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King Kong (2005)
A Brilliant Remake....
16 December 2005
We can all say that we have seen great films, we can all list our favorite classics but every so often a film comes along that utter floors you. A film that pulls the rug out from right under you, leaving you so stunned you don't know what hit you. Films that engage you so intensely that once the credits have run you're emotionally exhausted, you're eyes a swollen from the tears you've cried and your hands are noticeably shaking. For me personally there are only three films that come to mind that have affected me in such a way. The first is the original 'Manchurian Candidate', the second is Darren Aronovsky's 'Requiem for a Dream' and the third is Peter Jackson's 'King Kong'. Although this film is by no means perfect, I challenge anyone living, anybody that can call themselves a human being, to watch this film and be totally unmoved by it. Although I had my doubts about this project, I am so glad that Peter Jackson made this film. He reminded us what film making is all about and showed us that film always has the potential to truly move us through the telling of a great story. Thank God there are still decent film makers out there that remind us why we still go to the cinemas, why we still watch films. Film's like Peter Jackson's 'King Kong' are the reason why.

I urge anyone who intends to see this film, to go and see it at the cinemas, trust me, this is an absolute must. Despite this review not mentioning anything that happens in the film and containing only long spouts of rambling praise, although I could go on for days about the various technical aspects of film, I won't. Instead I urge anyone who has loved any film to go and see this film. You won't regret it. It's not every day that a truly 'great' film comes along, one that has to be seen to be believed, to be experienced before it can be understood. This film is something truly special and is unlike anything I've ever seen before (and probably will see again).

All praise to Peter Jackson, Fran Walsh, Richard Taylor the entire cast, (particularly Andy Serkis and Naomi Watts) and the entire crew for making this incredible picture!
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Terrible... Unforgivably Terrible...
1 July 2005
A Director's job is to engage the audience and in that respect War of the Worlds failed miserably. This film fails on virtually all counts for me as it was distinctly Americanized. The script was simply awful and although the actors did their best with the woeful material they were given, it wasn't enough to revive this mess. This has got to be a modern-day portrait of the typical U.S. family with a teenage son who is seethingly angry at father and a head-case daughter suffering from claustrophobia and panic attacks. The whole lot of them seem ready for the loony bin. Absolutely no reason is given for the son's behaviour and he seems angry at nothing. He later develops into a living embodiment of 9/11 revenge mentality and his behaviour is made even more irrational as he hopes to go up against apparently unbeatable enemy and consequently exhausts the audiences patience through behaving like a Rambo wannabe. Cruise although working within a clunky script, was miscast in this role as he is simply not a powerful enough actor to carry this sort of character off. In many respects Cruise appears to be acting as though he were wearing a blindfold, but all of these faults would have been forgiven had I actually been able to empathise with him and actually care about his struggles. Robbins provided a good performance but could anyone please explain to me what the point of his entire sequence was? Was the violence the sequence ended with really necessary? I realise that people panic in horrible situations but in some scenes this panic went beyond any kind of rational explanation. I must say the special effects were great and the film managed to create a feeling of imminent extermination. While there was a good performance from Fanning, there was nothing in the film that made you care about the characters in the slightest. It didn't really matter whether or not the characters lived because the film just simply failed to engage. This film if nothing else is a demonstration of always making sure that you must have an up-to-scratch script put together before you start shooting, otherwise you can end up with an apathetic, self-indulgent post-911 revenge mode tripe such as this.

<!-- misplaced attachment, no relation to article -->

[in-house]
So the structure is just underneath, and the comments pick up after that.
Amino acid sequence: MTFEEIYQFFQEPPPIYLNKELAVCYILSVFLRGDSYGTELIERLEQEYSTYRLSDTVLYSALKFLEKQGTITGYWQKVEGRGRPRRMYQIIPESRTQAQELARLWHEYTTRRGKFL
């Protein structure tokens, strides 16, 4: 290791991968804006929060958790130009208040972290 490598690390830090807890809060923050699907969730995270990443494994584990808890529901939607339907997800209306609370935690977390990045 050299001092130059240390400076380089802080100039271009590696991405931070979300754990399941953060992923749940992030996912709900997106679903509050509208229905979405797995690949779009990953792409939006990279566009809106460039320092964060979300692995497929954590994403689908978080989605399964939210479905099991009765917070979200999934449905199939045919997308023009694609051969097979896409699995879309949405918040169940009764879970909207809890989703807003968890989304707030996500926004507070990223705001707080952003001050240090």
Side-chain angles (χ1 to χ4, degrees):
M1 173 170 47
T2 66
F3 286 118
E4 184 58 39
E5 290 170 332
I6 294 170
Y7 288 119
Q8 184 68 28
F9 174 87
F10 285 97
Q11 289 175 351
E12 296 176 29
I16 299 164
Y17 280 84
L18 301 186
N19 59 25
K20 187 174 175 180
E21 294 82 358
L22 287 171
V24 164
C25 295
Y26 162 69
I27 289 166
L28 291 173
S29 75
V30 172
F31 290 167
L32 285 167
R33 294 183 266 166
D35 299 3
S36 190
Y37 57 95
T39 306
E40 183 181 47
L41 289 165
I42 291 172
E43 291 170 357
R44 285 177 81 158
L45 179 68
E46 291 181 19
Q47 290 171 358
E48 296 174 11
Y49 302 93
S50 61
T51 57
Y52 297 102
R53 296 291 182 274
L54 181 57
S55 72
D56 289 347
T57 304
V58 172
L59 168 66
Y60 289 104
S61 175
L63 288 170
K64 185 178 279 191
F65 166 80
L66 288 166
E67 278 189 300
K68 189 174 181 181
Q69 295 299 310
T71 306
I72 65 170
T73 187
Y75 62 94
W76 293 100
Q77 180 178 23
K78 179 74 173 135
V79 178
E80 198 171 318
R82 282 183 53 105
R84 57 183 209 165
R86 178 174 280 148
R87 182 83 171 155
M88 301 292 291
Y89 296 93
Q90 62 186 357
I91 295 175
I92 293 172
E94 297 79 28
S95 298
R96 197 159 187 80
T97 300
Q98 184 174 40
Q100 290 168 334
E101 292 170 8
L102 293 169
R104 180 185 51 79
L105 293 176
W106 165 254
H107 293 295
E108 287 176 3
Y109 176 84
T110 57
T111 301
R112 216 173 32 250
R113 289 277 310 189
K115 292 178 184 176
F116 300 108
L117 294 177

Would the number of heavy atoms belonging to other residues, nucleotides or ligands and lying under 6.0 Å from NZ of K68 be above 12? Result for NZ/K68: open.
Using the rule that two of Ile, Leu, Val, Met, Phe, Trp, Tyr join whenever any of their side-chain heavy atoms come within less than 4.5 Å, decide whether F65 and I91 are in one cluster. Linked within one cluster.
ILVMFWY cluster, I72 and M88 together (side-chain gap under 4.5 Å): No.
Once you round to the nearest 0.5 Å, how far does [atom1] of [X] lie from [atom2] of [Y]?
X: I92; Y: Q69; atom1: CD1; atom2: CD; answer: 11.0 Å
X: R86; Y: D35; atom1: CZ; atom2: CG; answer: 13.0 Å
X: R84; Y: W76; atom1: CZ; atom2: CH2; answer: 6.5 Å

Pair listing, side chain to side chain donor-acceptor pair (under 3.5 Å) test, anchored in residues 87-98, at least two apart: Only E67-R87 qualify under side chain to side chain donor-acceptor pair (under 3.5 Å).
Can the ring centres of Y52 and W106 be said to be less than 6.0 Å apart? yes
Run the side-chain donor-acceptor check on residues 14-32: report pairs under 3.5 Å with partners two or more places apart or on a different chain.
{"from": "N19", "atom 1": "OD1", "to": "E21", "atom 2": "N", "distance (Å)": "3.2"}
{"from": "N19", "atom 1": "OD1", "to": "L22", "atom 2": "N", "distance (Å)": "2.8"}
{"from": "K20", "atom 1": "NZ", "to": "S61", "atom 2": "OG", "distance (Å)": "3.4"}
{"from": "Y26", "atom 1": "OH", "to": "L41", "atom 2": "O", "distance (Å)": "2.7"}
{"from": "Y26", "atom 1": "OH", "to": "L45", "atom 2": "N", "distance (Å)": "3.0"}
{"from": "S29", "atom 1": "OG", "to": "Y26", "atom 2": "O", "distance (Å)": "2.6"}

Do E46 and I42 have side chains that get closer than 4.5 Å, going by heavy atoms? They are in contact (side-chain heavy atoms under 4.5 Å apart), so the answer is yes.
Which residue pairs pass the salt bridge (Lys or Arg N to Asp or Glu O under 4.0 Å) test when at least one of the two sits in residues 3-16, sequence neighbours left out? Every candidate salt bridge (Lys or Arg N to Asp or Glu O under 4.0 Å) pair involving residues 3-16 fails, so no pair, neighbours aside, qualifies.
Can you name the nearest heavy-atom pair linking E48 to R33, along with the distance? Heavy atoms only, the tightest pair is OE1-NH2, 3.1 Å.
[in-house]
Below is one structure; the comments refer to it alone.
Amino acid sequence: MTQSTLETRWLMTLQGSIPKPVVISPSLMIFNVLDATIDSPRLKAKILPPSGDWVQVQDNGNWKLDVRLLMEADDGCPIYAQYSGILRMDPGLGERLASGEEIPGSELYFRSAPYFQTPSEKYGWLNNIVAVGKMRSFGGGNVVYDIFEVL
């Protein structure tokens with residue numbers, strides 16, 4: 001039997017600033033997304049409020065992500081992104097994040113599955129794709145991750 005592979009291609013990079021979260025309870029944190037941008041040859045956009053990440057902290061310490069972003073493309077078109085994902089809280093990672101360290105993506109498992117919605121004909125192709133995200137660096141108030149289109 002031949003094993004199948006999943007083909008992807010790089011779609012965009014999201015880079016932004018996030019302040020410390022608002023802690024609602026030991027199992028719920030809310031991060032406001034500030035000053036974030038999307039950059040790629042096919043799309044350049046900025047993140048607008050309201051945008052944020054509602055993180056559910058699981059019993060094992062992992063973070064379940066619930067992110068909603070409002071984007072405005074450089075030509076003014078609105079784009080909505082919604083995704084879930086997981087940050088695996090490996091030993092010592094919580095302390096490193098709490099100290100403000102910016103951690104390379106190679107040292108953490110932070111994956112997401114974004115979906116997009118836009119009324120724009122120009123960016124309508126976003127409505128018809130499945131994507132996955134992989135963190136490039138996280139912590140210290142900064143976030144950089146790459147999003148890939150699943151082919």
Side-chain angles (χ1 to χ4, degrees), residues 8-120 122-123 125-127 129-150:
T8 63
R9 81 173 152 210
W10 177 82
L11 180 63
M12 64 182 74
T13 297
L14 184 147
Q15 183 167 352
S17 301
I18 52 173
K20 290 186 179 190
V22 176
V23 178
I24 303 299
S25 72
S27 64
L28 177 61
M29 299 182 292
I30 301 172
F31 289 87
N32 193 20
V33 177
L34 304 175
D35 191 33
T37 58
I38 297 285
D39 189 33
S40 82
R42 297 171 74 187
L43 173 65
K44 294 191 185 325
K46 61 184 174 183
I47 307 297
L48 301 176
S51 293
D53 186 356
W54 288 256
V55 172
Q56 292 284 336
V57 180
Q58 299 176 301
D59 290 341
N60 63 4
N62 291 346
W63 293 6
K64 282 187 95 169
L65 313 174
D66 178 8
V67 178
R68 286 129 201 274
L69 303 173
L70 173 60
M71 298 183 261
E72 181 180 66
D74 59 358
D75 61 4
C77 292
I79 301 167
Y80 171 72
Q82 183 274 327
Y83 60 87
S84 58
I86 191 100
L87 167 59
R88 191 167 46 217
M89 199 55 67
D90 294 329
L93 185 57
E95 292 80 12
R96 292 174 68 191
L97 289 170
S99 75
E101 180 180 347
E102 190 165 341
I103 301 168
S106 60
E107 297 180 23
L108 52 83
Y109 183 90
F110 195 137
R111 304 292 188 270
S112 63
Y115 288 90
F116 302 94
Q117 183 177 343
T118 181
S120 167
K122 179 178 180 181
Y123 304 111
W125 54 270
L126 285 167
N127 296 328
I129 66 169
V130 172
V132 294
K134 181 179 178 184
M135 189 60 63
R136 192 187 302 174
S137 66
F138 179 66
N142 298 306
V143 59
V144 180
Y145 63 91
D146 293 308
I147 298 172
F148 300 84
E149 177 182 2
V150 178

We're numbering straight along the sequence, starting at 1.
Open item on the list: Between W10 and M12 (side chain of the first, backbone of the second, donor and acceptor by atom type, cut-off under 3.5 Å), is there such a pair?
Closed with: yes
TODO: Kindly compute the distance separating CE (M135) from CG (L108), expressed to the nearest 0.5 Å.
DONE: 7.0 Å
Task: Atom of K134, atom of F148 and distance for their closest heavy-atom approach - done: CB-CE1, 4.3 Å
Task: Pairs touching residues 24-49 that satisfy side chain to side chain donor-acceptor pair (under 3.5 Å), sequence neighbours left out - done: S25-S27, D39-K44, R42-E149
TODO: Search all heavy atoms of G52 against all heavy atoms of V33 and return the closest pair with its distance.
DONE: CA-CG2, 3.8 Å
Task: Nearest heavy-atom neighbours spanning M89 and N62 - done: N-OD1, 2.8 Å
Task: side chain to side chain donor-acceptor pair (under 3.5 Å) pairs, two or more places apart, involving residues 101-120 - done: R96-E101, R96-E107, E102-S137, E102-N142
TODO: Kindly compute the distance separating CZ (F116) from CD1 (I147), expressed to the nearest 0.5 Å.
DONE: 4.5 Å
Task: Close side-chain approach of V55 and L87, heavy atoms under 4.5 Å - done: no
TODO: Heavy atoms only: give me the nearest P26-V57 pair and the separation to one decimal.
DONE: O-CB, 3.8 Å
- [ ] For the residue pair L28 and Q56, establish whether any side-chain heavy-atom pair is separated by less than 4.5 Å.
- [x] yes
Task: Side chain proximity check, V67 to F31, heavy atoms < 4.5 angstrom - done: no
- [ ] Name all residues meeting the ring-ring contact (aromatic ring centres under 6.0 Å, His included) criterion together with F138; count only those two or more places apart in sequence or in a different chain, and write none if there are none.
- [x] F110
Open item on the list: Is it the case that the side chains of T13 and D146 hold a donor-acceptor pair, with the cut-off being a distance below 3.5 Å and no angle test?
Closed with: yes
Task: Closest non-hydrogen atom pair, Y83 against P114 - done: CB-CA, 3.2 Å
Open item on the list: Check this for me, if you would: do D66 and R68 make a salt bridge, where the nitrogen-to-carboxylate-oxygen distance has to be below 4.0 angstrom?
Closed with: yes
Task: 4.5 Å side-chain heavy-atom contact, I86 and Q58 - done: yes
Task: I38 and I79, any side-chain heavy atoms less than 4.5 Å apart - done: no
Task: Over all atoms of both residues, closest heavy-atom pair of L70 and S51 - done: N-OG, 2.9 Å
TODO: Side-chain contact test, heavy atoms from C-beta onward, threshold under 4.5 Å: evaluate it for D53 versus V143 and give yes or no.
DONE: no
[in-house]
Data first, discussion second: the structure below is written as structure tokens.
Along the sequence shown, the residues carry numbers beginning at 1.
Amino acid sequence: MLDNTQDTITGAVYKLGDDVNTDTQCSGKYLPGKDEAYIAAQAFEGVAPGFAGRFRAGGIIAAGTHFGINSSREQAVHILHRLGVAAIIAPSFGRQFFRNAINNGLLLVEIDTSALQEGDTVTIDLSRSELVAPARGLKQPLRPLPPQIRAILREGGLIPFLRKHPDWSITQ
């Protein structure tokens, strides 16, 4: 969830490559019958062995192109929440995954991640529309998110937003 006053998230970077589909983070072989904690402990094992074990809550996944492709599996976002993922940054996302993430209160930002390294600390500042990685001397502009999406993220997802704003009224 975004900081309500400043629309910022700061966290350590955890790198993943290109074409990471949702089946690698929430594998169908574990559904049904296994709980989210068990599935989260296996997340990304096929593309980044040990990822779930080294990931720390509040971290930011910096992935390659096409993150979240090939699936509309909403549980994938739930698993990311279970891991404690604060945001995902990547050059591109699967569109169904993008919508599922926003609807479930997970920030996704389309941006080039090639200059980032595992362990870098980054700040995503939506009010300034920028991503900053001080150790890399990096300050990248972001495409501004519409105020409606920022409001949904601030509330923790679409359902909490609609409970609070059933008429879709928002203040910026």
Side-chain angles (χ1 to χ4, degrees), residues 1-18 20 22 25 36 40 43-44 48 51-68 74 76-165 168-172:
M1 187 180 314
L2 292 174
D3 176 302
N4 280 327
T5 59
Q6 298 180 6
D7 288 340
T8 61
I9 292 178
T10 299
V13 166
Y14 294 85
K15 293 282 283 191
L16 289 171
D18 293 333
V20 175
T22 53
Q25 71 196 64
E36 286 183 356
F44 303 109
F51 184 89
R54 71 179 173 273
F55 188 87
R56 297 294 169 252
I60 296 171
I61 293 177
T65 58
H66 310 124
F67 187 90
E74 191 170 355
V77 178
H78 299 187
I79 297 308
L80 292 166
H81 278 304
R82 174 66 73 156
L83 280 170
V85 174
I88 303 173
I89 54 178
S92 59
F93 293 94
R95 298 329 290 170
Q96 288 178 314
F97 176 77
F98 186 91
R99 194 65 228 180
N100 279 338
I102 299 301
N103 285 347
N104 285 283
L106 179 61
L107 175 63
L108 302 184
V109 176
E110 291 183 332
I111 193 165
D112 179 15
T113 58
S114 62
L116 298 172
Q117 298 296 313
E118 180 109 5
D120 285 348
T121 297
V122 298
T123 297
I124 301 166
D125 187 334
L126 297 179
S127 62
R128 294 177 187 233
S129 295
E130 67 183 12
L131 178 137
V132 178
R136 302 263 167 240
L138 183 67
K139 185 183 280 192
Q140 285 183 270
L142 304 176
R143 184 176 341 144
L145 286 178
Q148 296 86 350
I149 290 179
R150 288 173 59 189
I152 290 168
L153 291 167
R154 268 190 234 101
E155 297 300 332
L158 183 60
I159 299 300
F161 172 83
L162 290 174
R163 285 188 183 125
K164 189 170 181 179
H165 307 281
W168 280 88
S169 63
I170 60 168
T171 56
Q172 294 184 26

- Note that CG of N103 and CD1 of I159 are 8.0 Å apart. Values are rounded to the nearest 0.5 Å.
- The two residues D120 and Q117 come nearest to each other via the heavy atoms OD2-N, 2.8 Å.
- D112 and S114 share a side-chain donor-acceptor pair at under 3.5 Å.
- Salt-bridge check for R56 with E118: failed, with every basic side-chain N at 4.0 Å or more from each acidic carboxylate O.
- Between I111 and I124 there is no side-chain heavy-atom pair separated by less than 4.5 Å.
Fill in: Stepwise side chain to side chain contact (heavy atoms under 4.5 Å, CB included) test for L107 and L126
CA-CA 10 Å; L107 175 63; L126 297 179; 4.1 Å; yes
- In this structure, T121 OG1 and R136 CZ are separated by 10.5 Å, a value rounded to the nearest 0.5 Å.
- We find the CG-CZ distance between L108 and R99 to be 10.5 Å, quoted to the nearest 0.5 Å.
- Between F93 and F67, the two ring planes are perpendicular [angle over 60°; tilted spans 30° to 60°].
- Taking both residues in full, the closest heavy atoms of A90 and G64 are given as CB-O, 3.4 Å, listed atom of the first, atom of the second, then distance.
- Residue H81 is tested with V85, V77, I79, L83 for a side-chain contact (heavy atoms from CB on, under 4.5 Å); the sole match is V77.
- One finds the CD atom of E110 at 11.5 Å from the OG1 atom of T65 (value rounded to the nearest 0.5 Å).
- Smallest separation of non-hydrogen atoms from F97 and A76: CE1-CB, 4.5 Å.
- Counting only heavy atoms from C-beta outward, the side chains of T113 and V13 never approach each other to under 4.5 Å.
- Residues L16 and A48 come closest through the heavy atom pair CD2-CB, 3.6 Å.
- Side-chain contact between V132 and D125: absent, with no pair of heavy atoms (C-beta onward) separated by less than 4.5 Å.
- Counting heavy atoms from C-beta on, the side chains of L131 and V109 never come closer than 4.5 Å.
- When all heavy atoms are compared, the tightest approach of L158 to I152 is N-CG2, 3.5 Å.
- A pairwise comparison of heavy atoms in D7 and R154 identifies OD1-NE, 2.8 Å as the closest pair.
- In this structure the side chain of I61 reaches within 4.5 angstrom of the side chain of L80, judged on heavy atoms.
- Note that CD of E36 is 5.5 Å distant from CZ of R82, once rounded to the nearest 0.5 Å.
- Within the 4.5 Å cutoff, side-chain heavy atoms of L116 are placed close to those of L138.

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A Satisfactory, However Disappointing Ending to the Trilogy